Last week, a 1,400-pound warmblood got his leg caught in a gate in this excerpt about 24 hours during foaling season from the Eclipse Press book Equine ER by Leslie Guttman. Today, interns get rattled as the warmblood comes out of anesthesia with a strong flight response.

In the recovery stall, interns Leslie Christnagel and Milosz Grabski waited for the horse to wake up to help him out of the anesthesia while I talked to Dr. Alexandra Tracey, another intern, as she cleaned up. At Rood & Riddle, to “recover” a horse from anesthesia, one rope is tied to the horse’s halter, another to its tail, and both ropes go through metal rings in the wall to act as a pulley system. One person (in this case Grabski) waits at the hind end of the horse holding the rope at the ready, while another (Christnagel) sits on its neck, looking for signs that it is waking: eyes become alert; the horse begins to swallow; the tongue regains its tone. Shortly after these signs appear, the horse usually begins to try to get up. Both people help by pulling on the ropes to stabilize the animal as it gets to its feet.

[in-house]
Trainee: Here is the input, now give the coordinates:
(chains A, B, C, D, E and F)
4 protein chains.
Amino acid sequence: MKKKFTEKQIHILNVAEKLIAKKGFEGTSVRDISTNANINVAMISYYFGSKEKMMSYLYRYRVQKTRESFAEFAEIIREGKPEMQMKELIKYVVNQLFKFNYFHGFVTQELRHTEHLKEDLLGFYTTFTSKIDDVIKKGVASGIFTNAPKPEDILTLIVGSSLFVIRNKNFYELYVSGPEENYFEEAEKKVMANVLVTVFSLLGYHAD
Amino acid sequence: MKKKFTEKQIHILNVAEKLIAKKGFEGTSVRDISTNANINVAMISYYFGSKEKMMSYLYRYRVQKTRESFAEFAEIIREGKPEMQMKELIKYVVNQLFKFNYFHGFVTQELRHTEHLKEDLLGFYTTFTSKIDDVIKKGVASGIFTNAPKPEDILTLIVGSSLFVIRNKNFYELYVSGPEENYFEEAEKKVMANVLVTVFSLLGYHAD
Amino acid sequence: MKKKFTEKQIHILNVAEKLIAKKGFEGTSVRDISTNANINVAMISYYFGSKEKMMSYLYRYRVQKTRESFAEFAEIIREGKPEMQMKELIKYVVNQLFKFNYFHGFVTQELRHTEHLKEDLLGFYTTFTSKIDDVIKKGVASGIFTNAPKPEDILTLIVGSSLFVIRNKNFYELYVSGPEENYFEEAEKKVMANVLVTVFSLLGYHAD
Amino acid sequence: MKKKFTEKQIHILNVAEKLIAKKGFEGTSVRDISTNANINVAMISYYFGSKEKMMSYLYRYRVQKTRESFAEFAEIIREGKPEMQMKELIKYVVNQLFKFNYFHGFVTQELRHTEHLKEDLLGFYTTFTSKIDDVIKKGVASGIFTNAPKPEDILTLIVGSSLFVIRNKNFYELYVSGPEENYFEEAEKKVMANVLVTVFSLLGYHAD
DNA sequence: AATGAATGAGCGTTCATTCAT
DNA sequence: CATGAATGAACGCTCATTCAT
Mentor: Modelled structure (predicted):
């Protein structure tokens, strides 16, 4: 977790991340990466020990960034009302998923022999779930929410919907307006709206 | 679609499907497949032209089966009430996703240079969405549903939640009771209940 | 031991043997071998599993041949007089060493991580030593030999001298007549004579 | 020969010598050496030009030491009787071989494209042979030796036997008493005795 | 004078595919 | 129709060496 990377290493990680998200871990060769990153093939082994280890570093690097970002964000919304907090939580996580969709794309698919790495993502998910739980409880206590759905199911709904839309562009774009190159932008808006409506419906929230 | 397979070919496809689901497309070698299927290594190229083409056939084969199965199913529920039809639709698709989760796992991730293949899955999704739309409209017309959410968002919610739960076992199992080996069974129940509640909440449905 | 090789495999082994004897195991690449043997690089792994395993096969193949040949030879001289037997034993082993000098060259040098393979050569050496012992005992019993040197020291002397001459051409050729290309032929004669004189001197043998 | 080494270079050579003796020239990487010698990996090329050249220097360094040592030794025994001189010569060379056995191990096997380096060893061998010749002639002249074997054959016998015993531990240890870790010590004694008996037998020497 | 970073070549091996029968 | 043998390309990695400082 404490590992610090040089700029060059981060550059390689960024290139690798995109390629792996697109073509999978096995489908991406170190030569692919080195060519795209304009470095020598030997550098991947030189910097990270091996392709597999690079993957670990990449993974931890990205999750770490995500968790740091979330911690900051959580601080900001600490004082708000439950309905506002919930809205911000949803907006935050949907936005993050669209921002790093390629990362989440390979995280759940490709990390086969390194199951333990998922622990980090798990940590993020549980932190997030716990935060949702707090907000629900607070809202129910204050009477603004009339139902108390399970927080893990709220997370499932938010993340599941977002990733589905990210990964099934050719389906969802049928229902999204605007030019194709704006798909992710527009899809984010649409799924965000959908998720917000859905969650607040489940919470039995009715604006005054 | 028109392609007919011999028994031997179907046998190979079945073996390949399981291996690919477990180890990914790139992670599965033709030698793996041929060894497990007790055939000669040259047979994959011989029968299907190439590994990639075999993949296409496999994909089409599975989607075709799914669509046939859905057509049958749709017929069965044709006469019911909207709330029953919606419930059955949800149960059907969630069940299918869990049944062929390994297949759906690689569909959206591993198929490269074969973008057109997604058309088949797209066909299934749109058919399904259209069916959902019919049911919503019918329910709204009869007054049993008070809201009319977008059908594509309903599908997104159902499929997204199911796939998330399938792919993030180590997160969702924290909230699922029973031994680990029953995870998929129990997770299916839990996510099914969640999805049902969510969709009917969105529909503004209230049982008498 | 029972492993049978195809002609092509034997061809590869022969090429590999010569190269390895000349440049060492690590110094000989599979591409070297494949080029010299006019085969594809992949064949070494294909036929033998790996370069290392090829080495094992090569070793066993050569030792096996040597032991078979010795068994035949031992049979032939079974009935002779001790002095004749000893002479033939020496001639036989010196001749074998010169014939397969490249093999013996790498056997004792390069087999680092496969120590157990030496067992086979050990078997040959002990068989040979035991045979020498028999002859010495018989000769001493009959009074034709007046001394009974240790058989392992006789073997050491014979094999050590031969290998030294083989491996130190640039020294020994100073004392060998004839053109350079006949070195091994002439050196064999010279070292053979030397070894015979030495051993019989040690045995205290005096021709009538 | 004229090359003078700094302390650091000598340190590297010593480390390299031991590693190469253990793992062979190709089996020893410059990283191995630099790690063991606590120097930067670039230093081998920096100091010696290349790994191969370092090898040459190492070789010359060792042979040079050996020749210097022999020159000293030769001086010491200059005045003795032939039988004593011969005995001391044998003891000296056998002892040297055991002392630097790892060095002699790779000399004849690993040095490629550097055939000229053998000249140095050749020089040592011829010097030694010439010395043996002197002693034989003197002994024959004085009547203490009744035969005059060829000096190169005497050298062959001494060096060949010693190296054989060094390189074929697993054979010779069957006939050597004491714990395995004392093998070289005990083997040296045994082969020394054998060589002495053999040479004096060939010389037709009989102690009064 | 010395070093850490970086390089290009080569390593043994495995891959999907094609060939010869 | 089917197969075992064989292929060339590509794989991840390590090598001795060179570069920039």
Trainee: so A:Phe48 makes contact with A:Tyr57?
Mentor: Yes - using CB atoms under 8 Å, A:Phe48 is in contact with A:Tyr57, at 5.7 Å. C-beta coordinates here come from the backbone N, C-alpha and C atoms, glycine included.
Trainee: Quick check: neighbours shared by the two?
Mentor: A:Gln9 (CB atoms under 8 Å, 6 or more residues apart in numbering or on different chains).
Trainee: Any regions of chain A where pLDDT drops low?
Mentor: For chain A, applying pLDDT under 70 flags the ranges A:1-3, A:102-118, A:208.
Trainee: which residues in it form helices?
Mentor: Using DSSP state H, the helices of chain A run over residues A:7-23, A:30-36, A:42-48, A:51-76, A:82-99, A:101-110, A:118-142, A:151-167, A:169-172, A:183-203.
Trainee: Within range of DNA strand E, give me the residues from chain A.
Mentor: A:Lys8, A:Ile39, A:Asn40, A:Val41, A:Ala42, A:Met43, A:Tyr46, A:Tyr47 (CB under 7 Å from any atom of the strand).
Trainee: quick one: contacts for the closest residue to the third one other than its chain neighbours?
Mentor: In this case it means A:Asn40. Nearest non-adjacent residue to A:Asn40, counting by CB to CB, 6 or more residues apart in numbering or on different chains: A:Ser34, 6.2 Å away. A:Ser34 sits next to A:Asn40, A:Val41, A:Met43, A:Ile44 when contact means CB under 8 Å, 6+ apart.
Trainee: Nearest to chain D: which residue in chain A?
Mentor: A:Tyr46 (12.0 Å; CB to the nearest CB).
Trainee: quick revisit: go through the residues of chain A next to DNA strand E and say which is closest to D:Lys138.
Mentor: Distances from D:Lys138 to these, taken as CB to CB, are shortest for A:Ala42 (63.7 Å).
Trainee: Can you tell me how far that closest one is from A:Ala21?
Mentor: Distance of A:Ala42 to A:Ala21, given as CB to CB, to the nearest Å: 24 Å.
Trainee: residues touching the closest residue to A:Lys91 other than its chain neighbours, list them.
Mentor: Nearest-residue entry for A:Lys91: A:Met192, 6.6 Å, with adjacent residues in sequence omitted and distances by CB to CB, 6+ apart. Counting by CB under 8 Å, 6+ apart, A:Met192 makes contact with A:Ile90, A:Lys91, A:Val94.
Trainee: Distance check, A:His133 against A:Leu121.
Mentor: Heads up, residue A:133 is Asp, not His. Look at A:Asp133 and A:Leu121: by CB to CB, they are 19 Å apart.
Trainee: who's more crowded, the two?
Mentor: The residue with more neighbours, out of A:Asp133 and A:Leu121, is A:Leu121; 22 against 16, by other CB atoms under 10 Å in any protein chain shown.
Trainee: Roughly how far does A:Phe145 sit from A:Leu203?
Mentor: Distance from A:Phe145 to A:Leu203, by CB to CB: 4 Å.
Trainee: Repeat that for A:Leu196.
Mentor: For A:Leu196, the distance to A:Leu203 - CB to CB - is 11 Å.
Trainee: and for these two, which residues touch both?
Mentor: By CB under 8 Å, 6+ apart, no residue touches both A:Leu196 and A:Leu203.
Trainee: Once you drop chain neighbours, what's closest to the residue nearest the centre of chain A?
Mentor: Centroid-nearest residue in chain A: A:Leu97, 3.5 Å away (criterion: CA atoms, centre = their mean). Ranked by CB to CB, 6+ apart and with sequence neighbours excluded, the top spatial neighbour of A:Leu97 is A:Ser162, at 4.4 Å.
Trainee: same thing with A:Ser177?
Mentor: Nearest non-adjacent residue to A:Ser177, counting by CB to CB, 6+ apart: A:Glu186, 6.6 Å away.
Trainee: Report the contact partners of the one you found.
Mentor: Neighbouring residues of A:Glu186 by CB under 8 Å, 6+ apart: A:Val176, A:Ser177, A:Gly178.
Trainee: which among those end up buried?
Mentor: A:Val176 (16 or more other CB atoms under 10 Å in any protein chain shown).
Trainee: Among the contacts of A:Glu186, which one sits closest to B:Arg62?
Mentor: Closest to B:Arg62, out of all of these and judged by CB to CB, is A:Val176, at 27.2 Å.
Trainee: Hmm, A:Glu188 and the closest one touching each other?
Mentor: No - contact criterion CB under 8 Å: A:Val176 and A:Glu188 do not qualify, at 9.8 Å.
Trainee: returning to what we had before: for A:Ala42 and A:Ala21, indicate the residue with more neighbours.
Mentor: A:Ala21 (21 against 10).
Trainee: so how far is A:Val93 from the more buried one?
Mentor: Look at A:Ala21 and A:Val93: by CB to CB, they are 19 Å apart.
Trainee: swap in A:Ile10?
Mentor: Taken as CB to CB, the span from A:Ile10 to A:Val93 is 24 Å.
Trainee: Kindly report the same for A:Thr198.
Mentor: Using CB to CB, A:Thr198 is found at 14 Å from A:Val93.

A horse coming out of anesthesia can be a handful. Here, farriers worked on a knocked-out horse whose feet were badly in need of trimming.

It sounds easier than it i